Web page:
Honouring the Abrahams in our midst: Why caring for our seniors is part of revival
by Rachel Phua // February 12, 2019, 12:16 am
Seniors at the Cheng San neighbourhood in Ang Mo Kio meet five mornings a week to exercise. Photo by Rachel Phua.
Rosalind Phoon is now an accidental poster girl.
In February last year, the former primary school English teacher moved to a two-room flat in Ang Mo Kio. She had trouble leaving the house, having injured her back 20 years ago.
One major hindrance was getting groceries from the wet market nearby. Phoon relied on her trolley for balance, which on hindsight, was dangerous.
The neighbours’ doors were always shut and there was no one from whom to seek help. Her two children had mostly stopped contacting her, while her husband is bedridden in a nursing home.
But she discovered there was a senior centre run by Cornerstone Senior Centre at the block next to hers and asked the staff if they could do her a favour and buy food on her behalf.
Then, in October, they told her a new gym and daily exercise programme would be starting soon, run by the active ageing charity Empower Ageing.
“It was great because I wanted to be able to walk properly again,” the 82-year-old said.
Today, Rosalind is able to carry out the routine with a walking stick. And, sometimes, neighbours whom she befriended during her morning workouts would drop by in the afternoon, food in tow.
Her story of recovery and newfound friendships is an example that Empower Ageing has been using to encourage other residents to take part in their activities and start living joyfully – as God intended.
Lifting weights and spirits
Isaiah Chng, the founder of the charity, launched a series of fitness classes and opened a gym within the senior centre in October 2018 to provide last-mile rehabilitation for the elderly residents.
The gym cost $2 per entry, while users who pay a $10-per-year membership fee can enter for free.
“I want seniors to stand up and believe in themselves again.”
Chng said he saw a lack of support for elderly patients who were discharged from hospital but were not fully able-bodied yet. Many of them are still prone to falls and lack the confidence to leave their homes.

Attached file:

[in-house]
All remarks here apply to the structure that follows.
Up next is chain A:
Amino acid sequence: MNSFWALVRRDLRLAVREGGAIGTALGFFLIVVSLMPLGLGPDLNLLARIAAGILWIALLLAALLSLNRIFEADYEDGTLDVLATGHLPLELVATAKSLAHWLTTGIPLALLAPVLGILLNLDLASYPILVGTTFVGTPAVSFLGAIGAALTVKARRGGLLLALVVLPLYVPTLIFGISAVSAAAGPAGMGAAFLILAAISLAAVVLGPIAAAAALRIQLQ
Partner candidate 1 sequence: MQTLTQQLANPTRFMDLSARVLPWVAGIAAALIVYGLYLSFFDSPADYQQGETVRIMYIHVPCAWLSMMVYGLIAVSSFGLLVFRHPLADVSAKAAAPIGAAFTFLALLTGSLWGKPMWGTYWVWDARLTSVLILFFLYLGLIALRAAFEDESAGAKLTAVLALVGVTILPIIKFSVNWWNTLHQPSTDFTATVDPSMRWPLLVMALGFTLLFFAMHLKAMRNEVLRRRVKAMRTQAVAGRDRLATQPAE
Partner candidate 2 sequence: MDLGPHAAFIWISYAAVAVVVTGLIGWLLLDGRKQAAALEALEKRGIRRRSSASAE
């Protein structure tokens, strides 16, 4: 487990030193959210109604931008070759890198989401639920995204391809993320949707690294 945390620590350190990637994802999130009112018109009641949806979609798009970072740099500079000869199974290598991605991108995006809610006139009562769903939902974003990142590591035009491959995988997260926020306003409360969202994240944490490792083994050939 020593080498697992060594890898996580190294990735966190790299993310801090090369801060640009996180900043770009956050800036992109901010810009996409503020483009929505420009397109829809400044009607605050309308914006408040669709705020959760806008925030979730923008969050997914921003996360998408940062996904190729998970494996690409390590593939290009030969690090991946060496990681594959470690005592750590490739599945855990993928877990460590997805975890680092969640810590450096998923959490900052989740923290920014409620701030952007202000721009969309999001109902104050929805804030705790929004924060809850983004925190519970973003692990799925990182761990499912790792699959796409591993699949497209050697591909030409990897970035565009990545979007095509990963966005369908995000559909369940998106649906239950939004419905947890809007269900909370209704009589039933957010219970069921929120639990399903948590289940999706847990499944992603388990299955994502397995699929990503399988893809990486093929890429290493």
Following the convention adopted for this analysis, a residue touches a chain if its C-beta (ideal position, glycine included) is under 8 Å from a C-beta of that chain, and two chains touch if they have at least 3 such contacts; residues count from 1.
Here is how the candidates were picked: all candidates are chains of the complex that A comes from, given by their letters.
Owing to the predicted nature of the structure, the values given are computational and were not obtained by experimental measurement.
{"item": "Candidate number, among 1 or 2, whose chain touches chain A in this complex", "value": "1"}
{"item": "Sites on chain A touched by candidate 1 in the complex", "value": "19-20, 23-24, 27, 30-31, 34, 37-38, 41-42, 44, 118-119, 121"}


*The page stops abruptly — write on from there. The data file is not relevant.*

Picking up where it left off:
He wished to get them to the point where they aren’t just able to function at home, but are able to take the bus or go wherever they like.
“I want seniors to stand up and believe in themselves again,” Chng said.
Another reason to organise the exercise sessions is to encourage neighbours to mingle and form friendships.
Studies have found that both exercise and strengthening one’s social network improves the seniors’ mental health.
All of these solutions point to mitigating depression among the aged. According to 2017 figures from the Singapore Department of Statistics, one in five residents aged 65 and above live alone in Singapore, a factor linked to loneliness and depression, although those living without a peer were found to be just as lonely.
A 2015 study conducted by researchers from the National University of Singapore and the Ministry of Health found that 51% of the older population sometimes, or mostly, felt lonely.
A person in weak physical health can also end up depressed, as their self-esteem is affected when they are unable to look after themselves, said Dr Chia Tee Hien, the medical director of St Luke’s Hospital.
And living with depression may cause other issues: Further disabilities and health problems, poorer quality of life, and a higher mortality and suicide rate.
While some seniors may lack the motivation to watch over their health, others may become more paranoid and seek solace in meeting physicians, increasing the burden on both finances and the caregiver, Dr Chia added.
LoveAid is another voluntary welfare organisation ministering to the elderly in MacPherson.
The group, set up in 2013 by members from 3:16 Church, runs a weekly gathering called Jiale (In Chinese, this phrase has various meanings such as “add joy'” and “happy family”. It is also the name of Caleb in Chinese.), where the beneficiaries meet to have tea and do activities at a Residents’ Committee centre.